As Jay Z sees it, there is a clear solution to the problems facing musicians in the streaming age. They should band together — behind him, of course.
On Monday, Jay Z, the rap star and entertainment mogul, announced his plans for Tidal, a subscription streaming service he recently bought for $56 million. Facing competition from Spotify, Google and other companies that will soon include Apple, Tidal will be fashioned as a home for high-fidelity audio and exclusive content.
But perhaps the most notable part of Jay Z’s strategy is that a majority of the company will be owned by artists. The move may bring financial benefits for those involved, but it is also powerfully symbolic in a business where musicians have seldom had direct control over how their work is consumed.
On Friday, the investment vehicle that Jay Z used to make a $56 million bid for the Swedish technology company announced that it had acquired enough of Aspiro’s shares to take over the company.
“This is a platform that’s owned by artists,” Jay Z said in an interview last week as he prepared for the news conference announcing the service. “We are treating these people that really care about the music with the utmost respect.”
The plan was unveiled on Monday at a brief but highly choreographed news conference in Manhattan, where Jay Z stood alongside more than a dozen musicians identified as Tidal’s owners. They included Rihanna, Kanye West, Madonna, Nicki Minaj, Jack White, Alicia Keys, the country singer Jason Aldean, the French dance duo Daft Punk (in signature robot costumes), members of Arcade Fire, and Beyoncé, Jay Z’s wife.
The stars stood side-by-side and signed an unspecified “declaration.” Jay Z did not speak, but Ms. Keys read a statement expressing the musicians’ wish “to forever change the course of music history.”
Jay Z’s plan is the latest entry in an escalating battle over streaming music, which has become the industry’s fastest-growing revenue source but has also drawn criticism for its economic model. Major record labels, as well as artists like Taylor Swift, have also openly challenged the so-called freemium model advocated by Spotify, which offers free access to music as a way to lure customers to paying subscriptions.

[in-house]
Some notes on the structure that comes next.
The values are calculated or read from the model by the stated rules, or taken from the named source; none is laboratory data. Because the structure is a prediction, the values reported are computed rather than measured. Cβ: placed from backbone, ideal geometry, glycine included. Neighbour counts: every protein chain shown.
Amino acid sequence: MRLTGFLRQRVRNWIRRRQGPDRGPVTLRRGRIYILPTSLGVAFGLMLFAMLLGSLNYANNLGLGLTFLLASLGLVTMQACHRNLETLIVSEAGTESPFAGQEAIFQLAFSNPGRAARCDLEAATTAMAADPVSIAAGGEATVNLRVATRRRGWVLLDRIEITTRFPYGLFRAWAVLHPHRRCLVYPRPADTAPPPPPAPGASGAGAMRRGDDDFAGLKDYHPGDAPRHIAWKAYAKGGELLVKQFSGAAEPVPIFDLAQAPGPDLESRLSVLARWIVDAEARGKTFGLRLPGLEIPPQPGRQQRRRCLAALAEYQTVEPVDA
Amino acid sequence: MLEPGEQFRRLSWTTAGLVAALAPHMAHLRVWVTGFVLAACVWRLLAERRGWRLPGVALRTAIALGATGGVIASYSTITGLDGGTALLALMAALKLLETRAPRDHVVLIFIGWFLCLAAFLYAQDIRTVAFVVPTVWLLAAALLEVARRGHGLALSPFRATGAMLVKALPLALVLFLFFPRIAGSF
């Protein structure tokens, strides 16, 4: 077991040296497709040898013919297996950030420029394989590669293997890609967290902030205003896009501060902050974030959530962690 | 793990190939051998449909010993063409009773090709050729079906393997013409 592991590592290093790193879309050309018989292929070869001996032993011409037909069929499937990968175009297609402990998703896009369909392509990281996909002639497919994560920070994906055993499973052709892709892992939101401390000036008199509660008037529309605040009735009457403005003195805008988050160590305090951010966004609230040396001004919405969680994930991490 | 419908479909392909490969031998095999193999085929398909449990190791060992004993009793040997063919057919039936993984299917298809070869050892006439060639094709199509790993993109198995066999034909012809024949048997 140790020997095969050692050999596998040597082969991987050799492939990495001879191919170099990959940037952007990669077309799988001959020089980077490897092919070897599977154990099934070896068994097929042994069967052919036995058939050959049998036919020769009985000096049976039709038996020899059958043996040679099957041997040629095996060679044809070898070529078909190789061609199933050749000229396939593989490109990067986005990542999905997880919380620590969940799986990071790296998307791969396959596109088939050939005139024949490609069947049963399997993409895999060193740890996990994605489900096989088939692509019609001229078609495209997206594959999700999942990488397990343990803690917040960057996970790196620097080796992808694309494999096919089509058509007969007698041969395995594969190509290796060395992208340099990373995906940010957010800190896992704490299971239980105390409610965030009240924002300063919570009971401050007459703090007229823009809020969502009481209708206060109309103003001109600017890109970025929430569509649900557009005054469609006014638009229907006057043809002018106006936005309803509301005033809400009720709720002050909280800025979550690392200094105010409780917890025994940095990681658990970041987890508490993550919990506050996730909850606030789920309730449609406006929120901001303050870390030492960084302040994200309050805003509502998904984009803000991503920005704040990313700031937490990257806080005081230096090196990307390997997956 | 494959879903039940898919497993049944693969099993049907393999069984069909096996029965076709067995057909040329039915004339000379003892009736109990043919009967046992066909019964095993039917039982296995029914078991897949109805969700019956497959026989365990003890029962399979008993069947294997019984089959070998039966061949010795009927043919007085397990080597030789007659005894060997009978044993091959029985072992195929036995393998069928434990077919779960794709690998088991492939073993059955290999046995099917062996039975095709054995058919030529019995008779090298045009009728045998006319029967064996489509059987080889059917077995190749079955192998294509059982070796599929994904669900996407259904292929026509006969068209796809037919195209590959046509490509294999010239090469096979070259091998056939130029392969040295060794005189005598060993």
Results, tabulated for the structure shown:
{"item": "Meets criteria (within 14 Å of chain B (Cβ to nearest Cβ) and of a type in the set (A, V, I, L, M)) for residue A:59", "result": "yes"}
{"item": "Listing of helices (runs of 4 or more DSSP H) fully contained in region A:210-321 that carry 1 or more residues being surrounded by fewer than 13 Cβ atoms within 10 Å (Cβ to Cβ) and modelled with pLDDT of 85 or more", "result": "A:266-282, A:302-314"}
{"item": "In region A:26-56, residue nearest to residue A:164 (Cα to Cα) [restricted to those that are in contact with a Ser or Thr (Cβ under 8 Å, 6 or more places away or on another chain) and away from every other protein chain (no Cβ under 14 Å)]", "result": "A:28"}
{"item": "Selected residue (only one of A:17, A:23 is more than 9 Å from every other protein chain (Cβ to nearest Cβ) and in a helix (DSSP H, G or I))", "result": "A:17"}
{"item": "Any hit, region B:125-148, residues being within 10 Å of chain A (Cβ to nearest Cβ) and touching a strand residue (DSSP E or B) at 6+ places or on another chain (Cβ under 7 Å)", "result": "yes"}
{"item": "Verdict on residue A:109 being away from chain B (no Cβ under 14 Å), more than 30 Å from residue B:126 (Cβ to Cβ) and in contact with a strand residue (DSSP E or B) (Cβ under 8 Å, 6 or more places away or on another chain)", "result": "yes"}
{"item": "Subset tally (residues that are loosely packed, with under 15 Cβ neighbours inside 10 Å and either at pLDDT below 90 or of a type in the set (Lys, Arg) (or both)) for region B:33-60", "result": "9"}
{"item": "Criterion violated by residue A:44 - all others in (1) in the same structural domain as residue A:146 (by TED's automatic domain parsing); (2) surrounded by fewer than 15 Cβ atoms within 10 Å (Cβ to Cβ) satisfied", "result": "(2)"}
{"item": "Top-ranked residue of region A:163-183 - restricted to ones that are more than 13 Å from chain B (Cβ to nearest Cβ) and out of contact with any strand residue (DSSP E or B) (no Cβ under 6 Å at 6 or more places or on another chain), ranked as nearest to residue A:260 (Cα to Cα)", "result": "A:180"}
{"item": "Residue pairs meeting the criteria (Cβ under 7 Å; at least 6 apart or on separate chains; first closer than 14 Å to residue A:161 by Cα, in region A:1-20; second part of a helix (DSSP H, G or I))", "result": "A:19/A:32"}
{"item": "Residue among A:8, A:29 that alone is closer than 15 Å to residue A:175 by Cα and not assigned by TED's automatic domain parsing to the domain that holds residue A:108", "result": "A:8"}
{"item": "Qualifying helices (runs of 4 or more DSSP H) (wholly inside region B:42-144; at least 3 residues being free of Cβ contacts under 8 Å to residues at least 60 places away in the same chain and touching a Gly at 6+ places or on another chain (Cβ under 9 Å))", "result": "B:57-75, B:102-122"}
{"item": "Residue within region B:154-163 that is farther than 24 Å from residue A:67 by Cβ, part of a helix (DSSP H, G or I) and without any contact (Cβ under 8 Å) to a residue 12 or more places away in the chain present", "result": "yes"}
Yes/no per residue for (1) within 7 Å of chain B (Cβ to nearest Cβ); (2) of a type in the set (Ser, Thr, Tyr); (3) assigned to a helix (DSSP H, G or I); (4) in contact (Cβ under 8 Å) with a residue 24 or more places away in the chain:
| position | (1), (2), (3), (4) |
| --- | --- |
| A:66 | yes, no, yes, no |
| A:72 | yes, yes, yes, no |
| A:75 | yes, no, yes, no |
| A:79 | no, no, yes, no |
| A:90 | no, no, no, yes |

Tidal, which makes millions of songs and thousands of high-definition videos available in 31 countries, will have no free version. Instead, it will have two subscription tiers defined by audio quality: $10 a month for a compressed format (the standard on most digital outlets) and $20 for CD-quality streams.
“The challenge is to get everyone to respect music again, to recognize its value,” said Jay Z, whose real name is Shawn Carter. “Water is free. Music is $6 but no one wants to pay for music. You should drink free water from the tap — it’s a beautiful thing. And if you want to hear the most beautiful song, then support the artist.”
As a superstar artist and influential executive through his company Roc Nation, Jay Z has unusual power in the music industry. He is said to be courting new artists aggressively to join the service and offer Tidal special material and “windows,” or limited periods of exclusive availability.
Yet Jay Z is entering the streaming fray as a boutique competitor against some of the most powerful companies in the business. Spotify has 60 million users around the world, 15 million of whom pay; Apple is expected to introduce a subscription streaming service this year. Last fall, Tidal’s parent company, the Swedish technology firm Aspiro, said it had 512,000 paying users.
In addition, the broader market for streaming music includes YouTube and the Internet radio giant Pandora.
Tidal faces other hurdles, like whether Jay Z can attract artists from beyond his inner circle. And while Tidal may have the support of individual artists, in many cases the distribution rights to their music are controlled by record companies.
Lucian Grainge, the chairman of the Universal Music Group, said he welcomed Tidal’s arrival. “We like lots of services and we like lots of competition,” Mr. Grainge said. “Jay is an artist as well as an entrepreneur. He’s a winner, and we like winners.”
Speaking by phone from Los Angeles — where he was periodically interrupted by parenting duties for his 3-year-old daughter, Blue Ivy — Jay Z described his vision for Tidal as an outlet where musicians and fans “can all just camp out and listen to music,” and where artists would “always be on album cycle,” meaning in constant promotion mode.
Music executives briefed on his plans were more prosaic, calling it a hub for entertainment content and social media. Other ideas, like links for concert tickets and merchandise sales, have been discussed as possibilities.
Vania Schlogel, a Tidal executive, said that a majority of the shares in the service would be set aside for artists. She and Jay Z declined to reveal specifics about the equity deals. But one executive involved in the negotiations, who spoke on the condition of anonymity because the deals were private, said that participating artists were being granted shares in exchange for their good-faith efforts to supply exclusive content — a sign, perhaps, of the confidence that the artists and their managers have in Jay Z’s ability to get things done.
In describing the service, Jay Z emphasized the question of fair play for musicians, calling the current system “criminal.”